Frustrated students attempting to find course syllabi and lecture videos online may have brighter days on the horizon. A new measure from the Presidential Technology Initiative aims to give professors the tools they need to improve the often inadequate course websites. The support will come in the form of grants between $2,000 and $10,000 to professors, as well as stipends for undergraduates and teaching fellows who help Faculty develop and implement technological tools. While it remains to be seen how effective or worthwhile this new spending will be, it is nonetheless encouraging that Harvard has recognized the problem and seems willing to make a concerted effort to remedy it.
Accurate, up-to-date and useful course websites are especially important just prior to and during shopping period. The College should work toward helping Faculty post the most relevant course materials, such as syllabi, past exams and other assignments, as early as possible, thus helping students narrow their shopping lists. Some of the overcrowding of lecture halls during that week could be alleviated if students were better informed about their choices in advance of attending class. Improving and streamlining the distribution of this information—while not a substitute for giving students the opportunity to experience professors’ lecturing styles firsthand—will better educate student shoppers about the difficulty and content of courses, which in turn will improve the overall efficiency of shopping period.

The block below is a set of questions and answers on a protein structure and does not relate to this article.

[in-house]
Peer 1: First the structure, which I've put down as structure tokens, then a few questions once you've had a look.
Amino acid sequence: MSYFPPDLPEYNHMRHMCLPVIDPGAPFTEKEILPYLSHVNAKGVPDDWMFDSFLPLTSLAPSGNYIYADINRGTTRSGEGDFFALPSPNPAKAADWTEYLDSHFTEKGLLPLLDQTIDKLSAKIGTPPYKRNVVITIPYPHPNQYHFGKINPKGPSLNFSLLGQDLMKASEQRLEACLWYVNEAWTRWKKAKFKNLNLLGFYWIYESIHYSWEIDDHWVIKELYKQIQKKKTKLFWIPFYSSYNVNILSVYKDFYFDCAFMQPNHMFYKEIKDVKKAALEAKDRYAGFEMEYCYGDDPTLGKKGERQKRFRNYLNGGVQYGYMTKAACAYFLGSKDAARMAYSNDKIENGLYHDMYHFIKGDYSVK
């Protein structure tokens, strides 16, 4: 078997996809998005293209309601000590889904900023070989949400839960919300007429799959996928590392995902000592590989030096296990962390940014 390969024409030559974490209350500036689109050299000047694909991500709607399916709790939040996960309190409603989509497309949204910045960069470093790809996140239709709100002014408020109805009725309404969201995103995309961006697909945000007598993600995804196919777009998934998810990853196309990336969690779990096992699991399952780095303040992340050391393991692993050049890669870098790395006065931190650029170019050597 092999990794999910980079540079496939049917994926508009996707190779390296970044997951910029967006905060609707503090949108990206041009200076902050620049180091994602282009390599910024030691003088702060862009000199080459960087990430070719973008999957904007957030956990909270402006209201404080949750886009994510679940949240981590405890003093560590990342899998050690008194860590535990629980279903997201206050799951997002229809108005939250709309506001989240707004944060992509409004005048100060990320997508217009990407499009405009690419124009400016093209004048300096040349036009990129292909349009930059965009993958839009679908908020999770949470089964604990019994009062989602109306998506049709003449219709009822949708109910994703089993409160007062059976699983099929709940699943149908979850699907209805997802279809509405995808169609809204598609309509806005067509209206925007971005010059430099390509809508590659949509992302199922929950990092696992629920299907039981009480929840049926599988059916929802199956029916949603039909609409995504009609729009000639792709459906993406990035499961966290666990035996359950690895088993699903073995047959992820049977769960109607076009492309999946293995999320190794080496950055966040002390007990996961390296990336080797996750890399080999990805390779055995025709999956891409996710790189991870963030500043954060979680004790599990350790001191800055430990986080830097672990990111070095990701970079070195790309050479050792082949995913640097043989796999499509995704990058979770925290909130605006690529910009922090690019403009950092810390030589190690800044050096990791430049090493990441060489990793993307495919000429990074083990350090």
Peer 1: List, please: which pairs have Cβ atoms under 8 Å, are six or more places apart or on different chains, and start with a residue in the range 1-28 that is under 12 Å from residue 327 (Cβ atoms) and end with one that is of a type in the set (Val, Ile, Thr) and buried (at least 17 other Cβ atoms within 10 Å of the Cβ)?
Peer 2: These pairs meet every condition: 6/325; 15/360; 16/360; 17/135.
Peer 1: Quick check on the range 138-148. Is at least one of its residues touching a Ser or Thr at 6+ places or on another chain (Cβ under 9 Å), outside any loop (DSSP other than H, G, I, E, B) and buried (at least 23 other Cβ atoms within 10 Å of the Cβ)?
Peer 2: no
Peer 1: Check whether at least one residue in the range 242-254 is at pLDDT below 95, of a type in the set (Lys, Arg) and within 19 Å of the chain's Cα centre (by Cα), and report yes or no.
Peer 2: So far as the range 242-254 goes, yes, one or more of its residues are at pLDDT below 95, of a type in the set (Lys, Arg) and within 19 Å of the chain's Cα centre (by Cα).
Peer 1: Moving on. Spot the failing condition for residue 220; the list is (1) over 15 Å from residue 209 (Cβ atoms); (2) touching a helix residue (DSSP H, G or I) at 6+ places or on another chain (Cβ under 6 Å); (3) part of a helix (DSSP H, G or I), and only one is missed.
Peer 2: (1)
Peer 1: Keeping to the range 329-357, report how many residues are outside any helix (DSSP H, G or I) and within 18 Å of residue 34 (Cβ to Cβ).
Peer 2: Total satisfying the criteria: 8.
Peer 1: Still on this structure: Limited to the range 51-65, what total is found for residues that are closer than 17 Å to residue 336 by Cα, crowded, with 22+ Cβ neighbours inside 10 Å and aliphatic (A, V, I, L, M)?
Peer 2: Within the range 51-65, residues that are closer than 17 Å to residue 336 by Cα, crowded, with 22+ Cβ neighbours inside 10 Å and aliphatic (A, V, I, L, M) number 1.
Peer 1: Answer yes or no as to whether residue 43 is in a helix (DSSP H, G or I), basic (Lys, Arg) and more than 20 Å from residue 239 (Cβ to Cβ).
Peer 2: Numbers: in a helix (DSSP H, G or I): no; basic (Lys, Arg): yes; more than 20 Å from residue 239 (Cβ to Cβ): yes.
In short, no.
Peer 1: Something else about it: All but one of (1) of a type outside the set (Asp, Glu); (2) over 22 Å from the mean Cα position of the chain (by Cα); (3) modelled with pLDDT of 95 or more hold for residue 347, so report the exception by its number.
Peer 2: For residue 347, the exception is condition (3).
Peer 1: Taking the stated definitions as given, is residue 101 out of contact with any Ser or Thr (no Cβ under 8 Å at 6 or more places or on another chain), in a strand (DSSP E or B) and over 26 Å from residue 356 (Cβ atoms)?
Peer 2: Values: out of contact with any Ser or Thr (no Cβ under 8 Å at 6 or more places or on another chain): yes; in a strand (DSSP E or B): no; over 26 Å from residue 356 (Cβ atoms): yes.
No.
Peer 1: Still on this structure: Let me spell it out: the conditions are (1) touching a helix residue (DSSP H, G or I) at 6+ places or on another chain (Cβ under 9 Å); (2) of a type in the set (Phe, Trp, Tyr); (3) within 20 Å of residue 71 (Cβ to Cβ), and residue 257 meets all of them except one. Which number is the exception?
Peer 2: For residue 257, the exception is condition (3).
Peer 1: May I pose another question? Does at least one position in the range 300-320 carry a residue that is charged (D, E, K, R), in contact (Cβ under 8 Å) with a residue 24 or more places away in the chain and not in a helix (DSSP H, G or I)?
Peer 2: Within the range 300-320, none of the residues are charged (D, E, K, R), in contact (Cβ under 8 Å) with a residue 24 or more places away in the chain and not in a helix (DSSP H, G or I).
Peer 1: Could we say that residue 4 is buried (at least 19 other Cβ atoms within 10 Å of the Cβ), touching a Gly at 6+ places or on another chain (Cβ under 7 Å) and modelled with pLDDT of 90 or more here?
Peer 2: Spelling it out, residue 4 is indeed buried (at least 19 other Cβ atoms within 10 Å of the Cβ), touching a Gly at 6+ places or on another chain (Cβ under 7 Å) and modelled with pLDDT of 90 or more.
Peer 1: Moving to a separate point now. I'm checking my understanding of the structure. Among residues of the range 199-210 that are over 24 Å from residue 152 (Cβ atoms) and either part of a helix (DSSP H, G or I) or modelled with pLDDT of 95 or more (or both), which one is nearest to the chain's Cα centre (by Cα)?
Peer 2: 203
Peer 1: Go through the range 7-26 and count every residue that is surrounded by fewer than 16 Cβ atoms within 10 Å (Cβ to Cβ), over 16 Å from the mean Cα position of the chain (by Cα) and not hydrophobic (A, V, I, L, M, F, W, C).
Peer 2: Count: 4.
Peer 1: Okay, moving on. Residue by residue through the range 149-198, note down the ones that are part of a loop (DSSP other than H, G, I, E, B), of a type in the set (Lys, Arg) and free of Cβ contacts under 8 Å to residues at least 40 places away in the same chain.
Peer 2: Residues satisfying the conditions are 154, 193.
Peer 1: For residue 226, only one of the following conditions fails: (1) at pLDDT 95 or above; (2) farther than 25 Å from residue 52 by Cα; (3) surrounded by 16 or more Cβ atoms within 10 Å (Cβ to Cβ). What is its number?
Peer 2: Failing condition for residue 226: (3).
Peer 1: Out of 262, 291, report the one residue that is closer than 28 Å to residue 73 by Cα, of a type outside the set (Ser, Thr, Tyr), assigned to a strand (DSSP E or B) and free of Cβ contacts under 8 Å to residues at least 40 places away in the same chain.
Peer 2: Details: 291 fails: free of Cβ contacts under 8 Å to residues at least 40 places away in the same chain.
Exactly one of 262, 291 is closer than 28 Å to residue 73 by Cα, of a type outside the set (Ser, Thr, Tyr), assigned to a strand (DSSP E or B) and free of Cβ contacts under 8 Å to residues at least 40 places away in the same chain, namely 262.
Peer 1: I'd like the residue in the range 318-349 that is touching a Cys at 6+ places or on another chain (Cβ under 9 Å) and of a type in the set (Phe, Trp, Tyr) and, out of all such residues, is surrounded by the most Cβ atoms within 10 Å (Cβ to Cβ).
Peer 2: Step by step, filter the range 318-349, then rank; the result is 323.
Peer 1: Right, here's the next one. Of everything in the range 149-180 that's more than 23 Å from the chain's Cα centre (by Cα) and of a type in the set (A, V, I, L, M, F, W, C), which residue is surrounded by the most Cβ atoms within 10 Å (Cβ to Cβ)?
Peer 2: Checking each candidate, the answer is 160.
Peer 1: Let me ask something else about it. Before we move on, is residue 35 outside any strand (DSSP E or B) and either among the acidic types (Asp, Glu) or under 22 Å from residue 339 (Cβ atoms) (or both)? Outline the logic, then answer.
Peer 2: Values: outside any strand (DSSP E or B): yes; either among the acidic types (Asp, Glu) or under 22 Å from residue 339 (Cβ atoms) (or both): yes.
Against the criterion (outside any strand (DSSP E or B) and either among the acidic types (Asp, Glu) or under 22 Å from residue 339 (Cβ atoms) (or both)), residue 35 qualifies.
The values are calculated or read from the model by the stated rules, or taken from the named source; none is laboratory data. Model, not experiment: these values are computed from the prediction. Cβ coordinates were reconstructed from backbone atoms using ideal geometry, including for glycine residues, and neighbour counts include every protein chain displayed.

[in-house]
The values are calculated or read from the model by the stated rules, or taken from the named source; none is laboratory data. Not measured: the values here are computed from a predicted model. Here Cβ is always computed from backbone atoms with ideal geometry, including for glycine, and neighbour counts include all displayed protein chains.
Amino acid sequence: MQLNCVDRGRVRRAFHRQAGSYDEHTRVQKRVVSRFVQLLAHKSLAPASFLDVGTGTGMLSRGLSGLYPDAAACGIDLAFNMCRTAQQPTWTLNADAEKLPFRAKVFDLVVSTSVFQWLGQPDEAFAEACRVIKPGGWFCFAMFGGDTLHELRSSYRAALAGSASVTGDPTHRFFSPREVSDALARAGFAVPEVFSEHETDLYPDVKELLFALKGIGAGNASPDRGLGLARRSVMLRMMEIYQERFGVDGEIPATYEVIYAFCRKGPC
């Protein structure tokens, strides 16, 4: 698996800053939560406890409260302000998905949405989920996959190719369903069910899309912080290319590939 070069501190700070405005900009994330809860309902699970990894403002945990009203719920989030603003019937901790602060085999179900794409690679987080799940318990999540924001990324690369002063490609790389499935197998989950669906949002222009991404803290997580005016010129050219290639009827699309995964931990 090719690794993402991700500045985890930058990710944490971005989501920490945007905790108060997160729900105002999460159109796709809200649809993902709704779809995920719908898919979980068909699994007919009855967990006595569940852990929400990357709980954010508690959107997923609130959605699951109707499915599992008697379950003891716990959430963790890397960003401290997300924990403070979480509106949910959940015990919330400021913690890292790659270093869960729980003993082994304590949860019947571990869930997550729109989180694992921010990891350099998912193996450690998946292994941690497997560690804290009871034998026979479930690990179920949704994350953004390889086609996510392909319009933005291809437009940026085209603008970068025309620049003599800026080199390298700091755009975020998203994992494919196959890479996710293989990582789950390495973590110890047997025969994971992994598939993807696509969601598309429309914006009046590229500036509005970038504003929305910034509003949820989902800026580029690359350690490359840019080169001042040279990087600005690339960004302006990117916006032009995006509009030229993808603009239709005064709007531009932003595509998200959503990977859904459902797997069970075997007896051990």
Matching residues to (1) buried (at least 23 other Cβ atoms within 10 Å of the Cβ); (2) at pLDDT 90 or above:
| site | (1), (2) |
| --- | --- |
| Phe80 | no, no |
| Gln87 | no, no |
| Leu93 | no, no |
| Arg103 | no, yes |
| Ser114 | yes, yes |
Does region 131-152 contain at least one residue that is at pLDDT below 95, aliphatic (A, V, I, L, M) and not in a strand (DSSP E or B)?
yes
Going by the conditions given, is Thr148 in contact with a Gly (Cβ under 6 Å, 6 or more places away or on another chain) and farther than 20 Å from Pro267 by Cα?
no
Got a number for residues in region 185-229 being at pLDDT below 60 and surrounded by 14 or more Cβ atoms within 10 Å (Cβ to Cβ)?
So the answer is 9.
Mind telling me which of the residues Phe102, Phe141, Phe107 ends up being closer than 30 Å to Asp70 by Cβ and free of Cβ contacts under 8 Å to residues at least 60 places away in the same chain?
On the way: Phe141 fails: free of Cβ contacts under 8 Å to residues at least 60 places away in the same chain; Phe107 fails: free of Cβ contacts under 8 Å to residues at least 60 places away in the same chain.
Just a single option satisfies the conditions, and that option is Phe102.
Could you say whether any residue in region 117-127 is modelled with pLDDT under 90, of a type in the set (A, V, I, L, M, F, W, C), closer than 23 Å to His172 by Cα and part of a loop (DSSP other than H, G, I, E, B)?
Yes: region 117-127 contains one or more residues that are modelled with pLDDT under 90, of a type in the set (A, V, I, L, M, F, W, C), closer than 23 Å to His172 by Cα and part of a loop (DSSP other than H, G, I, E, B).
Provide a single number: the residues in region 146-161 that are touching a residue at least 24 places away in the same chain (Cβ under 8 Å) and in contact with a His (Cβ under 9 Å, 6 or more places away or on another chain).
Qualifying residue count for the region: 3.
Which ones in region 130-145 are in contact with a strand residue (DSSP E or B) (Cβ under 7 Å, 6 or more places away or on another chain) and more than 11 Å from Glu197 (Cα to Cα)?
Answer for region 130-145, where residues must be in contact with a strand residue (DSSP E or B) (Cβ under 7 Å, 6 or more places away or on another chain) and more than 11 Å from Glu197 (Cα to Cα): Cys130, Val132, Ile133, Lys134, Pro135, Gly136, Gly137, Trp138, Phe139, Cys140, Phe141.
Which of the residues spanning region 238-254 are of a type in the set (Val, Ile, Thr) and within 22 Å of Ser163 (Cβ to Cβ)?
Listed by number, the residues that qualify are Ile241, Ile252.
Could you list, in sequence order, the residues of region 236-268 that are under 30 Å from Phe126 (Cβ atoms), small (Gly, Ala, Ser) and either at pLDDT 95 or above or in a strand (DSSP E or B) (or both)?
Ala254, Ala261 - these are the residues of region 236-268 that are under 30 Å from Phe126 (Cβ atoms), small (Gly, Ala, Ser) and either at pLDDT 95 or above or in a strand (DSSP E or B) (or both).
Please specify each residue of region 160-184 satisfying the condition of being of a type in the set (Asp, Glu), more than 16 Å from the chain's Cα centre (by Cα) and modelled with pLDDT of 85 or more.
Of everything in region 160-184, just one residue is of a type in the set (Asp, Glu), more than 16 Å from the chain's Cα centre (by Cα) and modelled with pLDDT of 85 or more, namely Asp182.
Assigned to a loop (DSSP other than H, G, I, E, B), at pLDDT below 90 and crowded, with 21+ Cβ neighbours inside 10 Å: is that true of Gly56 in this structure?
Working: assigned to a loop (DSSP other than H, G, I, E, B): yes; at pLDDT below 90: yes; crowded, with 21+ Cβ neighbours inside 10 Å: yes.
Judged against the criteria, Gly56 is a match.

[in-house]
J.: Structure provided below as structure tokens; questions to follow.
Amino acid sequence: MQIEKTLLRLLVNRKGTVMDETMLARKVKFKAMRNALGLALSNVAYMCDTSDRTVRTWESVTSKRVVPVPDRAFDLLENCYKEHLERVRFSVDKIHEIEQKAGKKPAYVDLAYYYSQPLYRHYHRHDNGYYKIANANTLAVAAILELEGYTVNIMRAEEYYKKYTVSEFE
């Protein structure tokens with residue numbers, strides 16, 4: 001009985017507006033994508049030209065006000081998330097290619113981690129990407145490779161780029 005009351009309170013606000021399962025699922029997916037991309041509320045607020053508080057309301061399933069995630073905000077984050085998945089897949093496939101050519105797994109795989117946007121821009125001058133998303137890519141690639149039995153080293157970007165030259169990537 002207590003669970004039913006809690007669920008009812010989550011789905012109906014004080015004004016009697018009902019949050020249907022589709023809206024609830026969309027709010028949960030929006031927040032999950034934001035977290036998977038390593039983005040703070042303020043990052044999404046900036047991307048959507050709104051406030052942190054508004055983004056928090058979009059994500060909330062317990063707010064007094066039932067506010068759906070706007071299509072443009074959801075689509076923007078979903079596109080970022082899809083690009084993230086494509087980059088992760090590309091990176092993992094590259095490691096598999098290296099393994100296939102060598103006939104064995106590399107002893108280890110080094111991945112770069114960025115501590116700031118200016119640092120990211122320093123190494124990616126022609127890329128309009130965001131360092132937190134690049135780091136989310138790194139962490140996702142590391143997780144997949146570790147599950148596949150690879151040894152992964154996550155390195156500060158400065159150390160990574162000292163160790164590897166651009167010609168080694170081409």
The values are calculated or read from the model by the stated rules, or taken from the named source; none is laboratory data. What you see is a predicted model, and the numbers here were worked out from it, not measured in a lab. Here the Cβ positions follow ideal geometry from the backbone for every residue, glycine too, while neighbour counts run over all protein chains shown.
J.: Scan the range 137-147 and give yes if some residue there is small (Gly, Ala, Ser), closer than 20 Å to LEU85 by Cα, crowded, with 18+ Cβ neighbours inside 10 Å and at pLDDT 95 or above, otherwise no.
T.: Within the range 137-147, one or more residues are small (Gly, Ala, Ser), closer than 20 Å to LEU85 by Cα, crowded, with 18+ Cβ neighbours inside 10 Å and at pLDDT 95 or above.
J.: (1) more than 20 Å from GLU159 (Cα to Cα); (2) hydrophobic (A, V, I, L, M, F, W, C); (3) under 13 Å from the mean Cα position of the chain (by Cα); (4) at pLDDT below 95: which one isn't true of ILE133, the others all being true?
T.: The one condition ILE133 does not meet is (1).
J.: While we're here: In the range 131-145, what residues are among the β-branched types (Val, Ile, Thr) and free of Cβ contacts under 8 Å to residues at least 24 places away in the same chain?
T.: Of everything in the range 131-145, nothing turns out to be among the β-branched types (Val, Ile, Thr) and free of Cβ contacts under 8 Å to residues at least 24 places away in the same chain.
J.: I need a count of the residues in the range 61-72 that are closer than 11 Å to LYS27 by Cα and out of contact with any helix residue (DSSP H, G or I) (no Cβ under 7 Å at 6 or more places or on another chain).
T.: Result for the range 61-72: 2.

But in addition to making course websites more useful for students before study card day, many College courses could make more effective use of the Internet during the term as well. Where applicable, lecture videos, lecture audio and at the very least, lecture notes, ought to be more readily available online. As there is no substitute for attending a professor’s lecture, in the event of the occasional absence or for the purpose of reviewing for exams, these course materials are invaluable for students. In addition, courseheads ought to provide students with online readings and supplementary links whenever possible.
To be sure, professors should not attempt to overextend the pedagogical potential of course websites. Online discussion boards, a pet of some professors, rarely generate worthwhile reflection on the course content—and even less frequently do they even generate discussion. Instead the boards are often forgotten after a brief flurry of compulsory activity at the start of the semester. Mandatory virtual discussions are frequently perceived as chores; professors would be better served by focusing on improving real life interactions between students. If they do that, and improve websites in the areas we listed above, College professors will make the most effective use of the new technology grants.
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